Iranian Atomic Urgency
• Ehud Barak discusses the Iranian nuclear issue with CNN‘s Piers Morgan.
“There is a need to stop enriching uranium, to 20 percent, or even 3 to 5 percent, and to take all the enriched uranium out of the country. You can allow them to play with some negligible amount that will never suffice for even one single weapon.”
• Reuters got a sneak peak at a confidential UN document slamming Iran for sending arms to Syria:
“Iran has continued to defy the international community through illegal arms shipments,” it stated. “Two of these cases involved (Syria), as were the majority of cases inspected by the Panel during its previous mandate, underscoring that Syria continues to be the central party to illicit Iranian arms transfers.”
• Is anyone moved by this? Damascus losing information war, says Assad
“We cannot win this [information] war,” Mr Assad told the Russian state TV channel Rossiya 24, according to the Russian translation dubbed over his English.
He said that the West “released a large amount of false information”.
“These lies, or rumours, or false accusations – call them what you will – all these are soap bubbles, they have a short life.
“The main thing is to win in real life,” Mr Assad said, adding that this was what government officials “place our reliance on”.
• Free Syrian Army sources tell Asharq al-Awsat that Hezbollah forces are operating inside Syria.
FSA commander of Homs, Colonel Qasim Saad al-Din, revealed that Hezbollah forces raided several villages in Al-Qasir, including Al-Safsafah, Al-Masriyah, Al-Sawadiyah, Mutribah, and Zaytah. He stressed “these forces arrested 37 Syrians, including women, and also erected roadblocks at the entry point of each of these villages.”
The FSA commander asserted that the Hezbollah fighters entered these areas accompanied by Syrian security forces, adding that there were a total of around 200 Hezbollah fighters, divided into 20 separate groups, in the al-Qasir region yesterday.
• Thanks to Gulf state-funding and US coordination, Syrian rebels received an infusion of weapons to continue their resistance. The Washington Post adds:
Obama administration officials emphasized that the United States is neither supplying nor funding the lethal material, which includes antitank weaponry. Instead, they said, the administration has expanded contacts with opposition military forces to provide the gulf nations with assessments of rebel credibility and command-and-control infrastructure.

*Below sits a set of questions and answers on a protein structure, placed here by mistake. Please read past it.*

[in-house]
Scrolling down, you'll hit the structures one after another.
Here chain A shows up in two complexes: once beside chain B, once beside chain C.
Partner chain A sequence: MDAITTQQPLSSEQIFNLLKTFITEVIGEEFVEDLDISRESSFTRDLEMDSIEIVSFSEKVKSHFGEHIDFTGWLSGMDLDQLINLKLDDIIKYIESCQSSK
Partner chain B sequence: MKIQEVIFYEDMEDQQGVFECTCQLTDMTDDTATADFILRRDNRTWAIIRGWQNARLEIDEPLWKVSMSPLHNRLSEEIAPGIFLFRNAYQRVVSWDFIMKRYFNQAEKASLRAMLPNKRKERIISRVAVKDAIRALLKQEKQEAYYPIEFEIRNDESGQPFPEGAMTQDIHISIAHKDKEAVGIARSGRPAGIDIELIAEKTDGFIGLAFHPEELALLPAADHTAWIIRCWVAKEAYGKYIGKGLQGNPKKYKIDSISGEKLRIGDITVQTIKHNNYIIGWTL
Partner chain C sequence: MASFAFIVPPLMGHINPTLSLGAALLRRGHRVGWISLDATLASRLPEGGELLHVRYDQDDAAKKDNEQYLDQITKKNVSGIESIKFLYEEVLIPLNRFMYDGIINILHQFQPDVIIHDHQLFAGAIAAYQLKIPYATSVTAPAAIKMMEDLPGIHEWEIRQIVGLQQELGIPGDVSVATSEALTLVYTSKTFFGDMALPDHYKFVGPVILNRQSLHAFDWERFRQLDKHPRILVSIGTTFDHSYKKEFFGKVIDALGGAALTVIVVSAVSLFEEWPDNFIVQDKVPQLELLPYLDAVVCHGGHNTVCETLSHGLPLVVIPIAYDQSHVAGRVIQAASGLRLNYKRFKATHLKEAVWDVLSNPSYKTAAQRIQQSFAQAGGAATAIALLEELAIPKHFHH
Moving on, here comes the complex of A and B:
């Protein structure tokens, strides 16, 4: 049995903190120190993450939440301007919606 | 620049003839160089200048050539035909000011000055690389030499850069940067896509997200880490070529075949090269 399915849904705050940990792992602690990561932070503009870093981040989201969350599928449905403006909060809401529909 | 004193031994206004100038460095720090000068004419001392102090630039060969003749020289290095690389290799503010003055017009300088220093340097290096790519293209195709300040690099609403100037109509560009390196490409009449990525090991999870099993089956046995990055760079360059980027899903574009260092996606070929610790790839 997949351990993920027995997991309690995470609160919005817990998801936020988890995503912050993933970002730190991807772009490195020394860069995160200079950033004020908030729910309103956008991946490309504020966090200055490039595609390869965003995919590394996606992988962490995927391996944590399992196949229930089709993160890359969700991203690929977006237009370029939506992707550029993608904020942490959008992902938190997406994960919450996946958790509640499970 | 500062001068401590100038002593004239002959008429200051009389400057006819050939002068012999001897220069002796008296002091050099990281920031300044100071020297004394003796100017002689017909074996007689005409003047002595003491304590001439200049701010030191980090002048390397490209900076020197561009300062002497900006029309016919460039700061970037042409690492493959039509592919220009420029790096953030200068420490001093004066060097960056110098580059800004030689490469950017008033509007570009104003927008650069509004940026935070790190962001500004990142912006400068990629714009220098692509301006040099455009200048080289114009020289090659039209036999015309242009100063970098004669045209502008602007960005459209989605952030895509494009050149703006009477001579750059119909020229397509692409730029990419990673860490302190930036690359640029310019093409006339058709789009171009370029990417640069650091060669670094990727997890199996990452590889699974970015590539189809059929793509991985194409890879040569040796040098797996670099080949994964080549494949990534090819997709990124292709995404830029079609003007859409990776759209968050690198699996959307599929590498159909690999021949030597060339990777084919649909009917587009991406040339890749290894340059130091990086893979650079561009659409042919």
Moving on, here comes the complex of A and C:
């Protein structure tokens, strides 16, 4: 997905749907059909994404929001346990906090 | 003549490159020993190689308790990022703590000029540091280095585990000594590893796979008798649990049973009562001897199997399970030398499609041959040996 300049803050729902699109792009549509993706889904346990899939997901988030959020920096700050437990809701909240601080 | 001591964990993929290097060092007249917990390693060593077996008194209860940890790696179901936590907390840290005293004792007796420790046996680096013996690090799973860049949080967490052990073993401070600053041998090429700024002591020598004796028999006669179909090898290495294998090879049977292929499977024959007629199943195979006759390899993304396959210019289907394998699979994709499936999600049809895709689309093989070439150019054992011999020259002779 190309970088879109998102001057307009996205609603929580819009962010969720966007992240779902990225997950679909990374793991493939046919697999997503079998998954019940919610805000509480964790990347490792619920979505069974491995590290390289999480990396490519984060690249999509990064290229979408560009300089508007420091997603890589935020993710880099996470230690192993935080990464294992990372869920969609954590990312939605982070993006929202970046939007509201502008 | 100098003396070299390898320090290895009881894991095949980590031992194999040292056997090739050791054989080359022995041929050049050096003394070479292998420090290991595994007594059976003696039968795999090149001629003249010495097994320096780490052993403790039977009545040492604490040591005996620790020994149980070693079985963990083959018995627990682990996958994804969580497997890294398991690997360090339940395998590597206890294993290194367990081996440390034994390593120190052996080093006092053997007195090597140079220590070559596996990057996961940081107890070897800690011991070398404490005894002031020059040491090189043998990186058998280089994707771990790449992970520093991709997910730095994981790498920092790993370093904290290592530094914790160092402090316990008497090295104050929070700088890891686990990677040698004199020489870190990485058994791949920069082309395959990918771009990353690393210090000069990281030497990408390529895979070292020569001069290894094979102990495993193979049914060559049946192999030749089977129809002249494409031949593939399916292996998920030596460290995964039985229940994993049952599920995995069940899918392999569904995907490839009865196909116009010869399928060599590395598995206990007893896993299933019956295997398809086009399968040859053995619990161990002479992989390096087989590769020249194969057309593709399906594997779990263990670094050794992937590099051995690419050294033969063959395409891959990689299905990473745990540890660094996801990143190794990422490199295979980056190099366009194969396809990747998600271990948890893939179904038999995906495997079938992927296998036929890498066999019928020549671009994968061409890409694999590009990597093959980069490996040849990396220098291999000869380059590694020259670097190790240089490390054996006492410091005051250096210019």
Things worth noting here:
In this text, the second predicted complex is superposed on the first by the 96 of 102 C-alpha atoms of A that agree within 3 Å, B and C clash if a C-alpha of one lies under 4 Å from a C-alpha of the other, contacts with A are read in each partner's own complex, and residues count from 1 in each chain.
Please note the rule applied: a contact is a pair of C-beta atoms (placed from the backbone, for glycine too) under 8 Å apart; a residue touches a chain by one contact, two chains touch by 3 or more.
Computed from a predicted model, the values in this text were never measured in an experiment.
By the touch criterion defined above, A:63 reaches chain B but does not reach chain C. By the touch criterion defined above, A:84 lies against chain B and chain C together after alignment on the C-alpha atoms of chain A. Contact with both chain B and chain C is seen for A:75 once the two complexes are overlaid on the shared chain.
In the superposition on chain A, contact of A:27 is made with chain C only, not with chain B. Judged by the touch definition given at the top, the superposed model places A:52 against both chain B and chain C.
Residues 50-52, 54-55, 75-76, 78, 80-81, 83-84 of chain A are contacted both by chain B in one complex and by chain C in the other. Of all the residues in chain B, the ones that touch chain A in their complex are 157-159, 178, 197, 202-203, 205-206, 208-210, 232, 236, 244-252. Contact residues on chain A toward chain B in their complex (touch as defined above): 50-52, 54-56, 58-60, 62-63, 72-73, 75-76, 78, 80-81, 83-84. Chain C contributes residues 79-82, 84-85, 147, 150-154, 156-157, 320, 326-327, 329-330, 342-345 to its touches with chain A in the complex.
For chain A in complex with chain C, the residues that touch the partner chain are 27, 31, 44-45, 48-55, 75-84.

• Michael Totten introduces us to “The Woman Who Set the Arab World On Fire.” Faida Hamdi is the Tunisian compliance officer who drove fruit vendor Mohamed Bouazizi to burn himself as an act of protest.
Rest O’ the Roundup
• Turkey’s breathing easier after confirming that a European bee-eater bird is not a Mossad spy. As for the hysteria described in this BBC dispatch, I think the Turks are watching too many The Avengers trailers.
An official at the ministry told the BBC that it took some effort to persuade local police that the little bee-eater posed no threat to national security.
At one point a counterterrorism unit became involved in the case.
• Police arrested several people in Glasgow for posting anti-Semitic comments on Facebook. According to the Herald Scotland:
The page had more than 1000 followers at the time police took it off the web at the end of last year. An investigation was launched after complaints from those living in the area.
In its latest clampdown on internet hate crime, Strathclyde Police said those facing prosecution were aged between 18 and 21, with a 15-year-old boy also among those charged with breach of the peace with religious and racial aggravations.
• FYI, France’s first lady, Valerie Trierweiler, is a political journalist, and she may continue her work for the Direct 8 TV channel, despite moving into the Elysee Palace and the potential conflicts of interest. The NY Times writes:
Last week she told the newspaper Le Figaro that she would have to “think” about her future role. Elle magazine and other media outlets have quoted her as saying she would continue to work as a journalist . . .
Mr. Labro hired Ms. Trierweiler for the channel in 2005, shortly after she and Mr. Hollande became involved. “I didn’t know at all that Ms. Trierweiler was with Mr. Hollande when I hired her,” Mr. Labro said. Once he knew, he said, “we agreed with the director of the channel that it wouldn’t be that which would prevent her from working.” Mr. Hollande made the relationship publicly known in 2010.
Ms. Trierweiler stopped covering politics for Paris Match in 2005 but continued her political programs on Direct 8, something that is not widely regarded in France as posing a potential conflict of interest.
(Image of Iron Dome via Flickr/Israel Defense Forces)
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